Klarman Takes a Hit on Gold Miners; The Leather Apron; Fed Action During 1987 Crisis

HARD LUCK

Some Investors Gettin’ Hammered in Gold Miners

In October, Marcel “Mac” DeGuire became president and chief operating officer of Guyana Goldfields, an exploration-stage company listed on the Toronto Stock Exchange that has been losing money trying to develop gold mines in South America for years. Within a few weeks DeGuire was helping to convince investors to buy into a Guyana Goldfields financing for C$3.40 a share, a significant fund raise for the company of some $100 million that closed in February. Eleven days later, however, DeGuire resigned from Guyana Goldfields, citing “personal reasons.” The stock has plunged by more than 60% in 2013 and is now changing hands for C$1.24.

It might be surprising for some market watchers to learn that Guyana Goldfields’ biggest shareholder is the Baupost Group, the massive Boston hedge fund firm run by Seth Klarman. Baupost owns 19.7% of Guyana Goldfields, a stake recently worth about $30 million. A billionaire hedge fund genius, Klarman is one of the most revered money managers of his generation, a value investor who likes to steer clear of controversy and public attention, keep his head down and concentrate on his investments. His track record and reputation are stellar, which makes it a little strange that Baupost has gotten behind Guyana Goldfields and some other long shot, some might even say iffy, gold mining ventures with penny stocks and high executive pay. These companies often make sure to point out that Baupost is a major investor in their shares in investment presentations.

Shares of gold mining companies have been hammered this year as the price of gold has tumbled. Most gold mining companies are facing a serious cash crunch as the economics of their industry get upended. The fall of gold and gold miners has publicly embarrassed investors who made big bets on the sector, like billionaire John Paulson, who has been so frustrated with the shadow his decimated and relatively small gold hedge fund has cast on the rest of his hedge fund operation that he has stopped sending out his gold fund’s financial returns to investors in his other funds. Klarman’s gold mining investments have also been clobbered, losing between $150 million and $200 million in value in 2013. That’s hardly an insurmountable loss for Klarman since Baupost manages $28 billion and, unlike Paulson, Klarman does not separate out his gold-related investments in a separate fund. Still, Klarman’s gold mining losses, which have not received any public attention this year, are among the biggest to have hit a major U.S. hedge fund this year.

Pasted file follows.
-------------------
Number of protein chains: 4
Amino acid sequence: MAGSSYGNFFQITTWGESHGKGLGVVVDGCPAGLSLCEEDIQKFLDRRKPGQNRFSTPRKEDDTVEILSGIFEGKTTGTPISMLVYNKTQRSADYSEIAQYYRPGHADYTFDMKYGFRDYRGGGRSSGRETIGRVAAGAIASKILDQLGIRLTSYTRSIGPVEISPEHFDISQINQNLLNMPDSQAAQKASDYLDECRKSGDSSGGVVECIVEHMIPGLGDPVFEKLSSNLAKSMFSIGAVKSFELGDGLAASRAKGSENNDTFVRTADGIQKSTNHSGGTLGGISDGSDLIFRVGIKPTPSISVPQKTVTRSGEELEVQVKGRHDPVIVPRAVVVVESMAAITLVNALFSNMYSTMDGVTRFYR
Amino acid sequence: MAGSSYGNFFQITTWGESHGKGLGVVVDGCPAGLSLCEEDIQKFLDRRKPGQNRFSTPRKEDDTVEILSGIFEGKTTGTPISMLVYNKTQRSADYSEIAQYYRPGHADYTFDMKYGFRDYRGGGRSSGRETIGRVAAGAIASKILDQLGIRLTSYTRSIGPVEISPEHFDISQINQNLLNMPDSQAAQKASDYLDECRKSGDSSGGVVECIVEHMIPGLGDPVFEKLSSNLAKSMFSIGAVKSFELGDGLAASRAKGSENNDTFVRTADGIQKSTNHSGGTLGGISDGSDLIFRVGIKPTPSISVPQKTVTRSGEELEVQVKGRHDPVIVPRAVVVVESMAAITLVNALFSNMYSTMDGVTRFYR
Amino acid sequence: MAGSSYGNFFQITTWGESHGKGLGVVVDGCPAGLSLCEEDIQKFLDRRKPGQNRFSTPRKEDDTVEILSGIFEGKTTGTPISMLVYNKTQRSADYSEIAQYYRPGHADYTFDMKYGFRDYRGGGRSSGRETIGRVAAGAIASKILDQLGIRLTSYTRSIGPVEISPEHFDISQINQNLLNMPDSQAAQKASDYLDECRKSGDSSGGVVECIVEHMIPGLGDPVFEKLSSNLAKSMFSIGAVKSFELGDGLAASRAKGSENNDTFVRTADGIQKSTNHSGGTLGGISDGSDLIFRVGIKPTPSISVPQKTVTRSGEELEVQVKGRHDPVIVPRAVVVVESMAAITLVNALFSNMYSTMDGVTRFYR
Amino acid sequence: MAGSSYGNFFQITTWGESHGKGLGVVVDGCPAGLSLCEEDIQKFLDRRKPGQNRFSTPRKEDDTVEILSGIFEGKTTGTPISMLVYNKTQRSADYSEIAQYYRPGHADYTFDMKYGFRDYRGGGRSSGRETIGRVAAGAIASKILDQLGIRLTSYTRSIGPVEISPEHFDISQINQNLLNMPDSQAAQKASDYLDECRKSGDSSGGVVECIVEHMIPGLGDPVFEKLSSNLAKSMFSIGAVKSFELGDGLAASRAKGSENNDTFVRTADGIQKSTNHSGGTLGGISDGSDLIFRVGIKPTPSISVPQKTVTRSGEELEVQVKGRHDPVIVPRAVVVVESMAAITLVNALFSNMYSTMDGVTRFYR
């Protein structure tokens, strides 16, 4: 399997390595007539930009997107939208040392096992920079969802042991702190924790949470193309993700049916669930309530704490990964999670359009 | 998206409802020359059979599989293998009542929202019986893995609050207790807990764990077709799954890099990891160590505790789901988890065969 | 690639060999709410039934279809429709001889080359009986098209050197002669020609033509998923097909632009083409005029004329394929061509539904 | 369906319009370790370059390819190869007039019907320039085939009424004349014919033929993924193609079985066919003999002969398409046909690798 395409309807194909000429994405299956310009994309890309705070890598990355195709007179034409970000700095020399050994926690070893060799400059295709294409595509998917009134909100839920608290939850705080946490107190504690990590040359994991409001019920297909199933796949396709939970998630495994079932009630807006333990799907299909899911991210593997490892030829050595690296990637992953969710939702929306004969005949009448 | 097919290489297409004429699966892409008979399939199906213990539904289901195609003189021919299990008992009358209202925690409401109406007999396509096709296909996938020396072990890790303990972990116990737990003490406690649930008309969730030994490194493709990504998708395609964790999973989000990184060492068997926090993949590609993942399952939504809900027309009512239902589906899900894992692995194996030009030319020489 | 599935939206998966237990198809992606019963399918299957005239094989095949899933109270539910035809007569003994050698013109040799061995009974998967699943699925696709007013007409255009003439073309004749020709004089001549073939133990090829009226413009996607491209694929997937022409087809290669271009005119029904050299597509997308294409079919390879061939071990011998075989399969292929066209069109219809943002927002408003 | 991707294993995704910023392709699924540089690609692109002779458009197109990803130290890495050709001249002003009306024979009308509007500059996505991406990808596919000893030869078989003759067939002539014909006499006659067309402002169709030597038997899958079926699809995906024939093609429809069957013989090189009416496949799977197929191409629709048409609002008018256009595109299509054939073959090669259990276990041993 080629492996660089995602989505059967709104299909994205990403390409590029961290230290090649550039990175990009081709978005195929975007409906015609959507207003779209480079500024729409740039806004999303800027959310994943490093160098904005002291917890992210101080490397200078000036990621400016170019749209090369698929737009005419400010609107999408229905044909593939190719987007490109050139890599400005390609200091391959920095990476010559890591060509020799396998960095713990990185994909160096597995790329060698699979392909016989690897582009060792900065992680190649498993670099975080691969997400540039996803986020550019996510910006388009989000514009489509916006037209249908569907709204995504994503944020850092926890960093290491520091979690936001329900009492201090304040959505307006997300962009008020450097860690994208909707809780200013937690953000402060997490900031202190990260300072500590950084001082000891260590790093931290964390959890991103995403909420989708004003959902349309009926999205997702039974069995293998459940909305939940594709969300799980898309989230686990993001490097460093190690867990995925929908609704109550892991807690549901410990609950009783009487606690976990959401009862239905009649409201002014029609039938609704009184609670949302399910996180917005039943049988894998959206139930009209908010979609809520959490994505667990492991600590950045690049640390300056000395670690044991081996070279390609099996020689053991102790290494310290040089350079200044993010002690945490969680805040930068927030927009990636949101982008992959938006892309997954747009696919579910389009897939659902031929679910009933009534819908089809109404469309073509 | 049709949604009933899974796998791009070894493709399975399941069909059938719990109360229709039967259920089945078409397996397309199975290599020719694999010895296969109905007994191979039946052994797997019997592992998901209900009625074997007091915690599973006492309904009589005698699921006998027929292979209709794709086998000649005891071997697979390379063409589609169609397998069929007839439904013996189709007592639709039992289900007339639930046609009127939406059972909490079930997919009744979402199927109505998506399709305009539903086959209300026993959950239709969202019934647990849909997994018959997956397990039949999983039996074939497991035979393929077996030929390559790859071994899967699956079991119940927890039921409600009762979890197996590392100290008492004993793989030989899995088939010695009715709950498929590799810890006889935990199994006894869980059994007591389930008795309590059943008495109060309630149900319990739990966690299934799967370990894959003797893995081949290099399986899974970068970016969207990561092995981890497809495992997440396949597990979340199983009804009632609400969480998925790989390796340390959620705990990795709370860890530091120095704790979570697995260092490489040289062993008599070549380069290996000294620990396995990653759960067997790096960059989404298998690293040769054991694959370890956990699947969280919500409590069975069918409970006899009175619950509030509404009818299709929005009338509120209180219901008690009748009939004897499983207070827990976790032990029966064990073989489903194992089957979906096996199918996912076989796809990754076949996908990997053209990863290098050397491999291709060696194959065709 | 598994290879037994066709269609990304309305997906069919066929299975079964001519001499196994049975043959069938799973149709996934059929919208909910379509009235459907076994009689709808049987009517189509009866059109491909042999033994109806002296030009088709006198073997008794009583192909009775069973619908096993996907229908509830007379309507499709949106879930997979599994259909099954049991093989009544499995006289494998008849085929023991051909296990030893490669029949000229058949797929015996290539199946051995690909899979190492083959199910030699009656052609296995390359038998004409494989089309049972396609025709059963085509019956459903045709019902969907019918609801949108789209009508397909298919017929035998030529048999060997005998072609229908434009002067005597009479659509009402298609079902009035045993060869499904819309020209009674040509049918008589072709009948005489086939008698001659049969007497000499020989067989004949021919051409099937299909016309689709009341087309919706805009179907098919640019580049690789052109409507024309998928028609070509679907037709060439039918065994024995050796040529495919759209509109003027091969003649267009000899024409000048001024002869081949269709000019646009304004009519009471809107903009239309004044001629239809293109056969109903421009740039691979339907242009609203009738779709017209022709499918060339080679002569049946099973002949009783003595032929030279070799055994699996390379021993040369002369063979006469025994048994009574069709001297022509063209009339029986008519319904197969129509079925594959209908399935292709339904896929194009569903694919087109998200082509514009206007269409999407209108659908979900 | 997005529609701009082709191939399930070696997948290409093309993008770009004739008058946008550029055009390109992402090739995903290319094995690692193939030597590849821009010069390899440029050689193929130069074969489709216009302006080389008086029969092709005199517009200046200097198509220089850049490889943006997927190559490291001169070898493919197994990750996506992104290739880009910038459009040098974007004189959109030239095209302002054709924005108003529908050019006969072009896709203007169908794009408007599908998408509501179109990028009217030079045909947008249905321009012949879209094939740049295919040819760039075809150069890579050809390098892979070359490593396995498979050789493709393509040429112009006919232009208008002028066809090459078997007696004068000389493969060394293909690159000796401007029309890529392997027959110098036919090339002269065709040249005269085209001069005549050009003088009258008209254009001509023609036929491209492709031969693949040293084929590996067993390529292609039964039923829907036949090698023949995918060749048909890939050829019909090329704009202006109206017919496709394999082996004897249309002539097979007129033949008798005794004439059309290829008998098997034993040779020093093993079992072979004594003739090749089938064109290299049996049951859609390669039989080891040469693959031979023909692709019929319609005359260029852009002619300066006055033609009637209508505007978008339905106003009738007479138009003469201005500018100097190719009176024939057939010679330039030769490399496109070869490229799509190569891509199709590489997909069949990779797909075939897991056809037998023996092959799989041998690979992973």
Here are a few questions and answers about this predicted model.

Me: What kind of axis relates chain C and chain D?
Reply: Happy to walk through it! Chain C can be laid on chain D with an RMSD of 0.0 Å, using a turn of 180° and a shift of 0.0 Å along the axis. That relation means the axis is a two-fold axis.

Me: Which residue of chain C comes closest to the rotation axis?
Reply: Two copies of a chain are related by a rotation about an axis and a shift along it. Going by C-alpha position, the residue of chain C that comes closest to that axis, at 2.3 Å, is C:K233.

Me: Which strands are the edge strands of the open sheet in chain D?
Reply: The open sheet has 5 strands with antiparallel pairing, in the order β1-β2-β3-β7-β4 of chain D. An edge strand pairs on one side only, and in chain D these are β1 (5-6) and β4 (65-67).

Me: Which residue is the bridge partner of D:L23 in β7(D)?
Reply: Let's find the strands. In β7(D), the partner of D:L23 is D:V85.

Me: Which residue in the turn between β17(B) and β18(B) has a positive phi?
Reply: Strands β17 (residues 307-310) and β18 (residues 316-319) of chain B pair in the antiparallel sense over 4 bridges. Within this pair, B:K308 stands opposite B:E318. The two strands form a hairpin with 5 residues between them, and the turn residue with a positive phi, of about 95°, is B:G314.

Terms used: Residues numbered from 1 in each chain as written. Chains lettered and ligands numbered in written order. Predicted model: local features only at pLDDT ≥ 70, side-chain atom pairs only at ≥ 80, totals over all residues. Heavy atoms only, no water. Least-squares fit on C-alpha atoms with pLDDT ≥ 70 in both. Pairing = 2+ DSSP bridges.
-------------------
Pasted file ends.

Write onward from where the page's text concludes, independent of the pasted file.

Read more: http://www.forbes.com/sites/nathanvardi/2013/07/10/seth-klarmans-baupost-hedge-fund-loses-more-than-150-million-on-gold-miners/

Mr. Klarman must be quite bullish on the future price of gold in U.S. Dollars because his investments in the Junior resource sector require much higher gold prices to be profitable. Note the high capex costs.  Remember that it is not the size of a deposit but the cost to bring ozs. into production that matters. 

I prefer the royalty/streamer companies like RGLD, SLW, FNV, SAND that are already profitable with low fixed costs and little operational risk. Those firms  can make money even if gold goes lower.  When you read about “famous” investors losing money in a sector, a lot of bad news is long in the tooth, IMHO.

John Doody on July 10, 2013 discusses the gold mining sector (Audio): fsn2013-071013

A Good Read: The-Leather-Apron-Letter-07-12-2013

The Fed and the Crisis of 1987 (Financial History) 152107746-Fed-1987

 

2 responses to “Klarman Takes a Hit on Gold Miners; The Leather Apron; Fed Action During 1987 Crisis

  1. 1) I’m surprised by Klarman’s position. Why even bother with a $30M position, especially in something so tiny that probably can’t be scaled too much given the large amount of capital he puts to work in other areas? I’m guessing there is a reason.

    2) Those who follows miners – Have any miners prepared for something like this by reducing the M&A purchases, piling up cash, etc.? I’d like to find the ones who were not repurchasing shares earlier due to price but are now more interested.

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